New Delhi: As India-Pakistan engagements become regular, routine and lose their news value, they can return to the format of bilateral meetings alternately hosted in one another’s country. To that extent, the talks held between the Indian and Pakistani NSAs in Bangkok, which was joined by the Indian foreign secretary, is a step in the right direction. The Opposition, while having every duty to protest, should be reasonable to accept the positive thrust in Indo-Pak engagement which the meeting in a third country represented. The government has a constitutional obligation to keep Parliament updated on policy decisions, including foreign policy, and a full statement on the recent talks should be made available to both Houses. The methodology of talks, however, should not become fresh excuse for obstructionism of legislative proceedings, because public opinion will be unforgiving.

Before the substantive issue of Indo-Pak relations is taken up in this piece, a quick summation is necessary of the incontestable reasons for a quiet meeting between the two countries in a third one. Keeping the Indian media out was a key necessity. Driven by negativity, sensationalism and a perverse agenda, it had a role in ruining the last fixture between the two sides, which eventually did not materialize. The second reason was Pakistan’s fixation to meet the Hurriyat leadership prior to the meeting. This is technically unsound. Pakistani interlocutors could well have met the Hurriyat leadership in Pakistan and then proceeded to New Delhi for talks. Pakistan wanted a symbolic victory by locating this whole process in New Delhi. It cut into India’s prestige and standing and India refused. The idea that earlier governments allowed this does not justify the practise. In any event, the government took the sensible decision to go for a third-country meeting. From these tentative beginnings, perhaps India-Pakistan relations could be put on a sounder footing.

Now to the substantive issues. India-Pakistan relations will progress if some simple things are kept in mind. As far as territorial remaking goes, no changes may be contemplated. Status quo has to be maintained. A former Pakistan President, Zulfikar Ali Bhutto, accepted the Line of Control as the border between the two states. He did so informally at the Simla Agreement conference with Indira Gandhi in 1972, but went back on his word returning to Pakistan. The Pakistani side does not reject the status quo in private but wants to stage its arrival after long negotiations and a cooling-off period. At Simla, Bhutto should have agreed to this roadmap of gradualism. Neither India nor Pakistan has the time presently to go through an elaborate charade dance. They have to grow, develop and progress quickly. Governments of both countries owe this to their people. The Pakistan army should appreciate and understand the importance of growth and development for Pakistan. It is Pakistan’s last chance. Pakistan should prioritize economic growth and prosperity over Kashmir and join hands with India to make South Asia prosperous. In this century, territories of major states cannot be redrawn. See the strife in Syria. If not managed, it can engulf the world in war.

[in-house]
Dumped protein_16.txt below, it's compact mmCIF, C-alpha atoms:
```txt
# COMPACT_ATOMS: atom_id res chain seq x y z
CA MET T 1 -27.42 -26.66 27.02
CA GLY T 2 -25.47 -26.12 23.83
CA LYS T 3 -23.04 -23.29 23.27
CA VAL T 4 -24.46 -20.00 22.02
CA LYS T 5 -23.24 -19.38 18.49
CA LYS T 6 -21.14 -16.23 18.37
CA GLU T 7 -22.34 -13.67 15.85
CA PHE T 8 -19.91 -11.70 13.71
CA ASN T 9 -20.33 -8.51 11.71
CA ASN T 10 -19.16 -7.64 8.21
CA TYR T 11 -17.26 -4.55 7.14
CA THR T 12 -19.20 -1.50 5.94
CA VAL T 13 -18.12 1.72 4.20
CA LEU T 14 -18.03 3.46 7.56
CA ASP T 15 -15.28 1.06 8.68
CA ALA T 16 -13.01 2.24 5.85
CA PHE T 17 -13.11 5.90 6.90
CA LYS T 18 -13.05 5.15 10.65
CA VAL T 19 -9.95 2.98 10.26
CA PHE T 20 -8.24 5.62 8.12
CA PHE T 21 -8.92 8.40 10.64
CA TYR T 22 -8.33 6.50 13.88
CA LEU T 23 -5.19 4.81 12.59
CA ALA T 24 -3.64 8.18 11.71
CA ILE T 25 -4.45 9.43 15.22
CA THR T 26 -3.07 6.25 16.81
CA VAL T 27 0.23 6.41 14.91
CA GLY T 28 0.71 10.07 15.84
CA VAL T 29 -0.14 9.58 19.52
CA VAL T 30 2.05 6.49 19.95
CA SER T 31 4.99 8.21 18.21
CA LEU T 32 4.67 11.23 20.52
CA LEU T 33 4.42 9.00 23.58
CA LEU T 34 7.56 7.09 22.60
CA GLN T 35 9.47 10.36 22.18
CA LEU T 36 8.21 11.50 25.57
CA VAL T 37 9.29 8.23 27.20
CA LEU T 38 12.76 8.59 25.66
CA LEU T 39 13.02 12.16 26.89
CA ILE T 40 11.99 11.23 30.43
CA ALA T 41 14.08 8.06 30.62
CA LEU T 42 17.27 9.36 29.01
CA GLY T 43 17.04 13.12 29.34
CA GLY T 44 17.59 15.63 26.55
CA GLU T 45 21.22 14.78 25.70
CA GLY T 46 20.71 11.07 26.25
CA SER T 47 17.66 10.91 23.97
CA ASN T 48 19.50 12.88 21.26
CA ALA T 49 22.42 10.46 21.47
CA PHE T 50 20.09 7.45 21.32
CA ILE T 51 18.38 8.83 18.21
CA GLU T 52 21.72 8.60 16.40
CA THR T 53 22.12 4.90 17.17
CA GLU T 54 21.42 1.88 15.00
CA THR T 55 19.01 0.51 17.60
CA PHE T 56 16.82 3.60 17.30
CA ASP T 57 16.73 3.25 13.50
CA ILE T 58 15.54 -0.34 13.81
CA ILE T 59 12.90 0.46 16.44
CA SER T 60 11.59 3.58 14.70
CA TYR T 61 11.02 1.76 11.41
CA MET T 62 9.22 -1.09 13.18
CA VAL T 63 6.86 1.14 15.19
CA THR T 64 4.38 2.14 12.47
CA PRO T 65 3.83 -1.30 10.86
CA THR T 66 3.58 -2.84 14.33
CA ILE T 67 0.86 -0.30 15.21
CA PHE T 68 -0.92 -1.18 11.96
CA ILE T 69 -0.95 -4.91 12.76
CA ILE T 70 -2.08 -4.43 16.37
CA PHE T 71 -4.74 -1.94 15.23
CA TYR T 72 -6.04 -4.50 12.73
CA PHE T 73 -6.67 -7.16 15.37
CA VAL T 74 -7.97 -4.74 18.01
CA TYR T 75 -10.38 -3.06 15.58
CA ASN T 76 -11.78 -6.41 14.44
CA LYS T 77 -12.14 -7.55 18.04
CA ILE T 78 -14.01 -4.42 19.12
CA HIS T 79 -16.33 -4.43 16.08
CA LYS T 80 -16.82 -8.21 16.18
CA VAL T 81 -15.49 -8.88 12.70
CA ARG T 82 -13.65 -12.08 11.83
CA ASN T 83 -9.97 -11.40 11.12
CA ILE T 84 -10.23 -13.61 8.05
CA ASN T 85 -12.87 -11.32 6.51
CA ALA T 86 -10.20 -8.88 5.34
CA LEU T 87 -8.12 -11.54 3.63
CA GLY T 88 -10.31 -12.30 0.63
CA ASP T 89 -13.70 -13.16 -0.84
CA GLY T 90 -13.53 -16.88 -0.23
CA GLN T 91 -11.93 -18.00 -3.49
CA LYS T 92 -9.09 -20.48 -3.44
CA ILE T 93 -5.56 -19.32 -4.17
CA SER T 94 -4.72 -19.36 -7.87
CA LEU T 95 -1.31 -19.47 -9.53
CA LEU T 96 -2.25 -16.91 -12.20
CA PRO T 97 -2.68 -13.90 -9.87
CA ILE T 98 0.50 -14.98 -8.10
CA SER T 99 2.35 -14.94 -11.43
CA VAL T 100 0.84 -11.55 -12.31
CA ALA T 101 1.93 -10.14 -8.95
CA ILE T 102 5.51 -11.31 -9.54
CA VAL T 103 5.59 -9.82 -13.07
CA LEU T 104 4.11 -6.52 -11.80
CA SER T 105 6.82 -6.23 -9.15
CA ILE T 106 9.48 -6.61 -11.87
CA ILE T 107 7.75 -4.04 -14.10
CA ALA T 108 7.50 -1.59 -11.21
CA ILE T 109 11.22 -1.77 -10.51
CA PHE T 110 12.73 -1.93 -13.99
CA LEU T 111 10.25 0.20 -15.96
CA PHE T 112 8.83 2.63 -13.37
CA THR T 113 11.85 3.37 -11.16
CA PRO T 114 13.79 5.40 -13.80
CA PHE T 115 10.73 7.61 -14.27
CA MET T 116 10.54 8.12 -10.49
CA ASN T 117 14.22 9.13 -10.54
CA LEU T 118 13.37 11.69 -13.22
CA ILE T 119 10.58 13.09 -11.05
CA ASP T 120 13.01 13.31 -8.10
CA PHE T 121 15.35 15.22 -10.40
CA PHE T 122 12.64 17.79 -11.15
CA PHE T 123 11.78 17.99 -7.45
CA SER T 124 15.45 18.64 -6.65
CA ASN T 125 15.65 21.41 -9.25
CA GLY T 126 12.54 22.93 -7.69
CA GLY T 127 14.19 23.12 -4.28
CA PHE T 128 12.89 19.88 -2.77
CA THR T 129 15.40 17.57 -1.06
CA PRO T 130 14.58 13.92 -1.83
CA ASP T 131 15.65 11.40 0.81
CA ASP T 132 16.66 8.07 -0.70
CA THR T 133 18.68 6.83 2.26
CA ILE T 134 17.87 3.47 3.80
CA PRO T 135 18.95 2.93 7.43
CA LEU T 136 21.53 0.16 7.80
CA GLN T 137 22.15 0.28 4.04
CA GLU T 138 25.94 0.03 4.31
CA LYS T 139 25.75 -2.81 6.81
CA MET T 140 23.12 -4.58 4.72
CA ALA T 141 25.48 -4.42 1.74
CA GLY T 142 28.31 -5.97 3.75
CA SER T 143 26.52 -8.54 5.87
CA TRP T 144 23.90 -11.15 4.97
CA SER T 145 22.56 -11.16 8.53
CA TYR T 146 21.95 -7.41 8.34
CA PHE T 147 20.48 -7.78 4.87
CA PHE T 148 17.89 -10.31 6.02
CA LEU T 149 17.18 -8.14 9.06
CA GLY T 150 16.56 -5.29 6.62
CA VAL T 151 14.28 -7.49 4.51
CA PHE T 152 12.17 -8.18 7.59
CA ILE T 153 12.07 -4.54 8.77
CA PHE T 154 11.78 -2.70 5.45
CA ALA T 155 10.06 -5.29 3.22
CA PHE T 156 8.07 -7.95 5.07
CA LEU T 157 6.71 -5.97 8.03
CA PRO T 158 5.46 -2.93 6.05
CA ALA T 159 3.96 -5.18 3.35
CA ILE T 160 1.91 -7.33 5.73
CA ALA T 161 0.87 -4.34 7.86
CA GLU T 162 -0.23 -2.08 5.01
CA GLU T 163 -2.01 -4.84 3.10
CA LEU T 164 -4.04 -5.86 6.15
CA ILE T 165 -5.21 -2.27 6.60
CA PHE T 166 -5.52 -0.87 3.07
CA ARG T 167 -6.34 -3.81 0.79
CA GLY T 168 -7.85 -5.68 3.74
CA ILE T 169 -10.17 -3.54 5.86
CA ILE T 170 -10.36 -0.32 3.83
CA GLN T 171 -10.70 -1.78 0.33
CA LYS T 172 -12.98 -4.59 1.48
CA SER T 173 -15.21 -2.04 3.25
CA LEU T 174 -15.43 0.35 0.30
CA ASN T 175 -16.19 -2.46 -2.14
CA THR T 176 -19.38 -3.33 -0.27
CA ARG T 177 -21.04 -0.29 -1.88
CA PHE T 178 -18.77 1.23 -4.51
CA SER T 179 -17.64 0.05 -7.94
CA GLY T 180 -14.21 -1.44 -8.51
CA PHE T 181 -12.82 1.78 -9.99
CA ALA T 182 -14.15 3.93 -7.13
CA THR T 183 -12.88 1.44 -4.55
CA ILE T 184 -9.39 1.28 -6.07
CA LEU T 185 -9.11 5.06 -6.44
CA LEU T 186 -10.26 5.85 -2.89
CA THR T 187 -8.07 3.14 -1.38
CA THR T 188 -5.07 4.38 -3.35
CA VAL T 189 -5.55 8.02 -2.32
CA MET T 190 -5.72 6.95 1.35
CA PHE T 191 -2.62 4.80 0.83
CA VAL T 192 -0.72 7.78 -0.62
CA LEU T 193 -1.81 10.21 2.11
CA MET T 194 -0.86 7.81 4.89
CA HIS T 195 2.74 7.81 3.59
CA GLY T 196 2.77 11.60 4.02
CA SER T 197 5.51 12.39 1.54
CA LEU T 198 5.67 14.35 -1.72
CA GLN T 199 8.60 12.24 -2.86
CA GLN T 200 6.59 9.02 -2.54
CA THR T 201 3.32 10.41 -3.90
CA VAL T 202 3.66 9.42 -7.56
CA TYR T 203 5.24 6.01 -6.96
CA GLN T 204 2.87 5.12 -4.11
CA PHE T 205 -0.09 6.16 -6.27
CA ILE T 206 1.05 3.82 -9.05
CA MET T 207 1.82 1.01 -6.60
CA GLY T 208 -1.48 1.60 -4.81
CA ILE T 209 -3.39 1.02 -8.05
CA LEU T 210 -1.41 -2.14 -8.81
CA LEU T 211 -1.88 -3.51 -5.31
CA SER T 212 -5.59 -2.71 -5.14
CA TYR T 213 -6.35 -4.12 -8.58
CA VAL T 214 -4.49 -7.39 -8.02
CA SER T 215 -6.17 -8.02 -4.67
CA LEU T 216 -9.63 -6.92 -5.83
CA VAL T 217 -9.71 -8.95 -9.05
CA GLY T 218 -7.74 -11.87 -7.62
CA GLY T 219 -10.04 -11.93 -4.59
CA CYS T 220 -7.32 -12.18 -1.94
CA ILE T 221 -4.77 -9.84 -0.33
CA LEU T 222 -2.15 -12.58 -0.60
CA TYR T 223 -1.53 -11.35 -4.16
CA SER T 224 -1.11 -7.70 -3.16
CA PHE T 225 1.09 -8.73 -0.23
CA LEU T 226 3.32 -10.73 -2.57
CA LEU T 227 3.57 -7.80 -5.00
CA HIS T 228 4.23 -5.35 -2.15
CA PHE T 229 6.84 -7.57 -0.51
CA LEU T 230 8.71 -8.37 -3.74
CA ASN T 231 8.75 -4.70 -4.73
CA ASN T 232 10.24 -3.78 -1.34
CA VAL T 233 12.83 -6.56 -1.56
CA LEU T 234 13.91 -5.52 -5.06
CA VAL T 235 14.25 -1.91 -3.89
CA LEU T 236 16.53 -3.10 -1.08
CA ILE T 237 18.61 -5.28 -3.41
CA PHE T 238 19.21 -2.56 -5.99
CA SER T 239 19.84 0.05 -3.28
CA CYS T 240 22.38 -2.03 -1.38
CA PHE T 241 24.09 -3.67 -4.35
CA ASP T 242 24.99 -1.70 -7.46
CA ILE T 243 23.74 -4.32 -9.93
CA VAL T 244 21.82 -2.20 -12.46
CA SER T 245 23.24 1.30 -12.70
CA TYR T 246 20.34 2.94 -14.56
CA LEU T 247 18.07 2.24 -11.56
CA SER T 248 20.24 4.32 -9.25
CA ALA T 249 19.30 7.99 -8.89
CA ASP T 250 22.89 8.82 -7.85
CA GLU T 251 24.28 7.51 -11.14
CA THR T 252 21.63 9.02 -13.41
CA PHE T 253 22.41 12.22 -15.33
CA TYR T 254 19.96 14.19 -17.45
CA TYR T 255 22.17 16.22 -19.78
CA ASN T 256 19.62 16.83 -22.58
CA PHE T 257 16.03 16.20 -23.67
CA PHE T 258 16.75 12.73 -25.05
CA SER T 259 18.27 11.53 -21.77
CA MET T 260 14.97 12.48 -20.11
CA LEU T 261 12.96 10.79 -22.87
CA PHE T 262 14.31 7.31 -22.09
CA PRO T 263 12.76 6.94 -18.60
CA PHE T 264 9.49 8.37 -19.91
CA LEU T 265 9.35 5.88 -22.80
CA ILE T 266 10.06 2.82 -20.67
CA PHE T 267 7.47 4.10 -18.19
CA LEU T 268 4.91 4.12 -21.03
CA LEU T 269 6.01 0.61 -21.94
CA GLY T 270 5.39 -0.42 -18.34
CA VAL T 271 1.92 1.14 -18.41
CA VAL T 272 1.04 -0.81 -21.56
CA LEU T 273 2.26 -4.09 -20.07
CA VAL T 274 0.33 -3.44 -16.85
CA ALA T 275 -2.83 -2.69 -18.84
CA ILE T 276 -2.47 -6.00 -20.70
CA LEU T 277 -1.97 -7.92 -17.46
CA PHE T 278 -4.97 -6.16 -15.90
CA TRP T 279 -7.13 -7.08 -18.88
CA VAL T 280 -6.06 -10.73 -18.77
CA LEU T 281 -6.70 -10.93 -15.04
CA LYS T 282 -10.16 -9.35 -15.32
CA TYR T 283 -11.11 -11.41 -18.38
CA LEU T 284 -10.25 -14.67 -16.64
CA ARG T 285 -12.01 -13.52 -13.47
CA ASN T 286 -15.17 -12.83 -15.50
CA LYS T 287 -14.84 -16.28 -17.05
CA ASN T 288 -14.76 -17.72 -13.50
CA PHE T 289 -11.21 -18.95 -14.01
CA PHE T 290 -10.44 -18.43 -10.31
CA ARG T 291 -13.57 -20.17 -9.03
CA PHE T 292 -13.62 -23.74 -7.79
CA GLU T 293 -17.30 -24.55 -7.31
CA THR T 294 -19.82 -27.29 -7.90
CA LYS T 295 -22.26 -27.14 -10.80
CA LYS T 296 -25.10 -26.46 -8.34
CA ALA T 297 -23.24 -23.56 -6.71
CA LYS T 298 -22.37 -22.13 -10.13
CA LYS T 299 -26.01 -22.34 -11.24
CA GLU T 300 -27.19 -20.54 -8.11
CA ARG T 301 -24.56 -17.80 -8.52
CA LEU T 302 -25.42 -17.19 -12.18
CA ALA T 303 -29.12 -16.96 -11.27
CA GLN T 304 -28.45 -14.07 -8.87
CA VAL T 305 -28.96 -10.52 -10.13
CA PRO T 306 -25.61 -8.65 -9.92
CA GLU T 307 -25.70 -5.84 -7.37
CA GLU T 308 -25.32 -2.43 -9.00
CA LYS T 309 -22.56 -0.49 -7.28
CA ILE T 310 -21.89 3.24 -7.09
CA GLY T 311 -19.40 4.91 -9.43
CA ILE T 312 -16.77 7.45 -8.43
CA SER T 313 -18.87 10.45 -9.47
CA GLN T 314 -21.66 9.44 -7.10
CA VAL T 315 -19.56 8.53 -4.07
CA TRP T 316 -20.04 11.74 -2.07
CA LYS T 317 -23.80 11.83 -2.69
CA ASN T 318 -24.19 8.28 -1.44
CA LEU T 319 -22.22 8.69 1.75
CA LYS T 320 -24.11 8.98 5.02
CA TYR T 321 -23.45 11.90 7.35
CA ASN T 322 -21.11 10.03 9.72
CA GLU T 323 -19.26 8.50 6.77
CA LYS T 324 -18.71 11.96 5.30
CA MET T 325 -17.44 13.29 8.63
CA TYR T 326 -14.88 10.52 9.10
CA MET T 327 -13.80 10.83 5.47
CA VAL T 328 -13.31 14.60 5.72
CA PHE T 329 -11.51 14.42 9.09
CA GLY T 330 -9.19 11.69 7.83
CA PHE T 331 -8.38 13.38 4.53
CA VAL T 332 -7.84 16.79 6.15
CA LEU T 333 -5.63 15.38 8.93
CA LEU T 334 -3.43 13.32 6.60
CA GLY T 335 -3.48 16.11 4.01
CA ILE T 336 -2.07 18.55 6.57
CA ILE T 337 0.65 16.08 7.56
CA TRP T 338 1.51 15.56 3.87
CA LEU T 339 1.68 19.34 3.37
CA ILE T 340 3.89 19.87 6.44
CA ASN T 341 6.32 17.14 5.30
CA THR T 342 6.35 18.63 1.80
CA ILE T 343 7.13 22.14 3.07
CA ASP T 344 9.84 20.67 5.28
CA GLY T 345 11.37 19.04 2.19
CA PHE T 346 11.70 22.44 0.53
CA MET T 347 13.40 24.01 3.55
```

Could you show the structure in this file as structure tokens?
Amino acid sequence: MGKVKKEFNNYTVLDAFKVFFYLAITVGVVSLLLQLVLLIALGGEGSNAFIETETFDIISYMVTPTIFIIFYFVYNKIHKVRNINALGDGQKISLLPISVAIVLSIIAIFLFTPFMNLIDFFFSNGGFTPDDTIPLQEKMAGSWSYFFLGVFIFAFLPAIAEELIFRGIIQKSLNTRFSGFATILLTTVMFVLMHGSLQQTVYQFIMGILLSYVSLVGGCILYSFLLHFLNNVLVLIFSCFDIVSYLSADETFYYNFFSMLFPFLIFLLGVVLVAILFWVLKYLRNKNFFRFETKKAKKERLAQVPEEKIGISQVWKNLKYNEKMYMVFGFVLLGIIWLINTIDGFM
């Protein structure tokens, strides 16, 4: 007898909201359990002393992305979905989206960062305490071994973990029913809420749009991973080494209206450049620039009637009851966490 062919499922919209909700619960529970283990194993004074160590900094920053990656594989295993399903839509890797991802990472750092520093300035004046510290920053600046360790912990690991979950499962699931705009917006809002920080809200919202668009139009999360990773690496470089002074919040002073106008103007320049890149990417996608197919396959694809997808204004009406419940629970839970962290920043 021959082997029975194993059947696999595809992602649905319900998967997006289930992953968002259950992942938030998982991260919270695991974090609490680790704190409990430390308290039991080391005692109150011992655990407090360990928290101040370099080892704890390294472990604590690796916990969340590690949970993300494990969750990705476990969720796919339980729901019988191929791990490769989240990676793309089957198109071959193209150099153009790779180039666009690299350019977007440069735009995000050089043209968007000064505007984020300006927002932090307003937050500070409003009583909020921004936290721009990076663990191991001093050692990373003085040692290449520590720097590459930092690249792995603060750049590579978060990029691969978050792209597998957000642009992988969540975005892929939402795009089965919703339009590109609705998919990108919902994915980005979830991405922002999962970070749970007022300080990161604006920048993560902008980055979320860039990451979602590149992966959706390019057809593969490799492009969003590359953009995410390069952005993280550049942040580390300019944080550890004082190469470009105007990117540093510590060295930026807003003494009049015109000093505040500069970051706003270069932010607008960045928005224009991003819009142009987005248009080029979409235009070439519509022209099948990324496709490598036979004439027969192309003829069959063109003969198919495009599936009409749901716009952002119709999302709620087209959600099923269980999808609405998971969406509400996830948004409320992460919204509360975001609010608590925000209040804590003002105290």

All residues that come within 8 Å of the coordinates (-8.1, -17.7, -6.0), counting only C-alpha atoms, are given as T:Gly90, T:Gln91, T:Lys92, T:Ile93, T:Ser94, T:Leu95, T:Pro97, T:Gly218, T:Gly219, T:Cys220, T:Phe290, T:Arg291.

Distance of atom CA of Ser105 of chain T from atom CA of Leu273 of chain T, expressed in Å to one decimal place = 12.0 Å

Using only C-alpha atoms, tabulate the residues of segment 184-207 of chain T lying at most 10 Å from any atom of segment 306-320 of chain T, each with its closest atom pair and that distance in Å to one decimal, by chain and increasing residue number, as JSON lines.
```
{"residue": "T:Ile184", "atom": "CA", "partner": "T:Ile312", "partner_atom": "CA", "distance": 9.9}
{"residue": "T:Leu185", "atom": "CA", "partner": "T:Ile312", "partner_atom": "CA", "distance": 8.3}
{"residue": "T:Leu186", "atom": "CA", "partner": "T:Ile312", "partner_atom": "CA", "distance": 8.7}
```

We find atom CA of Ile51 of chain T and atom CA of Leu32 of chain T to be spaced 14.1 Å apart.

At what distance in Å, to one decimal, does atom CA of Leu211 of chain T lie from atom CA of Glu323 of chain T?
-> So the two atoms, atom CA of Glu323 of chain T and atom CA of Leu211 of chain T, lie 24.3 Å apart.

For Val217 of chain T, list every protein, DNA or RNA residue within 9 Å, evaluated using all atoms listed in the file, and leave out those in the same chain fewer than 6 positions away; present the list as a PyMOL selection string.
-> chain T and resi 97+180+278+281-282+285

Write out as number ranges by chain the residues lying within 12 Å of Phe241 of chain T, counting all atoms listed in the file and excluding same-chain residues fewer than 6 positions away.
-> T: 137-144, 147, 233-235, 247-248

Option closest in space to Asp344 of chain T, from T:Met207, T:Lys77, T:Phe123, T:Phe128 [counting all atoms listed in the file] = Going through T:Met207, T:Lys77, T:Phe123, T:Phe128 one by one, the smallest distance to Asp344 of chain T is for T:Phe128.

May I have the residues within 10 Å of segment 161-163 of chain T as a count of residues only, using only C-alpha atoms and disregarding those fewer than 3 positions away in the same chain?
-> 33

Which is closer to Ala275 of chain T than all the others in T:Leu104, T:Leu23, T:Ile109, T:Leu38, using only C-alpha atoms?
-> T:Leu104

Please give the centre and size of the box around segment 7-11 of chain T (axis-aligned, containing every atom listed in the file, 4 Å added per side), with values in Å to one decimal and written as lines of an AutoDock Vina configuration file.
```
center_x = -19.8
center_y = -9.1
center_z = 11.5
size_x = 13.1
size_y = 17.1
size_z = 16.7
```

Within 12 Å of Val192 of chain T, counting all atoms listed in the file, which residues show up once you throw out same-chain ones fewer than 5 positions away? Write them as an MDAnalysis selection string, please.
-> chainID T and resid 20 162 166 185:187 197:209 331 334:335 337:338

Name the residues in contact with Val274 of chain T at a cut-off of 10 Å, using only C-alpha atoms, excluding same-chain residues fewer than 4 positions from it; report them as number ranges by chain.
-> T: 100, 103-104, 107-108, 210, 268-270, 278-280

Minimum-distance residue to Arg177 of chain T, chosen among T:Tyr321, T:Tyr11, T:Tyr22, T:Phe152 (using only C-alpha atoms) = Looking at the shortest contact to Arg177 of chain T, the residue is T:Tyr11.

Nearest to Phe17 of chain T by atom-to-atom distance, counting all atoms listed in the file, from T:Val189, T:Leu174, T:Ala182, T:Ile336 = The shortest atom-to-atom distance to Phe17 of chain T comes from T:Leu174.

Time being of the essence for both India and Pakistan, neither side can risk taking maximalist positions. These positions of both countries on Kashmir are well-known and backed with legislative resolutions. Being rigid about them will not bring peace. Rigidity has brought Pakistan to its present pass where it is equated with terrorism. From 9/11 through the Bombay carnage to the San Bernardino, California, attacks, the Pakistani footprint is everywhere in global terrorism. Does the terror tag make the average Pakistani proud? It surely couldn’t. It makes them defensive about their religion, which is a situation they oughtn’t to be in, and which they probably realize all too well now.

For the sake of its own people, the Pakistan government must abandon terrorism as an instrument of state policy. “Good terrorists” is a contradiction in terms. Pakistan’s policymakers and businessmen openly say that the Pakistan military stands between India-Pakistan and good relations. The Pakistan military is being irresponsible to its people. It is not enough for it to be able to defend Pakistan against external aggression. It must not overrate the external threat to seize disproportionate resources of the state and unwittingly weaken it. Napoleon Bonaparte understood this very well when he was made First Consul. He expanded the honours system to make up for armed forces’ salary and perks’ shortfalls. (There is a lesson here as well for those who want an open-ended OROP.) The Pakistan military is also weakening Pakistan by standing in the way of peace with India. Professional armies know the terrible price of war and hostilities. The Pakistan army seems an exception. Finally, by hosting terrorist groups, the Pakistan military has planted seeds of Pakistan’s self-destruction. It has taken Pakistan to the brink.

Peace with India will save Pakistan.

Editor’s Note: The Railways should transfer ownership of Delhi’s Ring Railway, a failed experiment, to the Delhi Metro, which will turn it around. A Delhi Metro-run Ring Railway will not only be a low cost addition to its existing network but also provide the all-important connectivity among Delhi’s several railway stations. Delhi’s Hazrat Nizamuddin station, for example, is not serviced by Delhi Metro. It remains a great gap in Delhi’s connectivity. Nizamuddin station would immediately benefit from the Ring Railway becoming a part of Delhi Metro. Overall, this will make a dent in the Capital’s high pollution levels. Secondly, Delhi Metro should increase the carriages per trains, especially during rush hours, which would make it a more attractive option to personal transport than currently.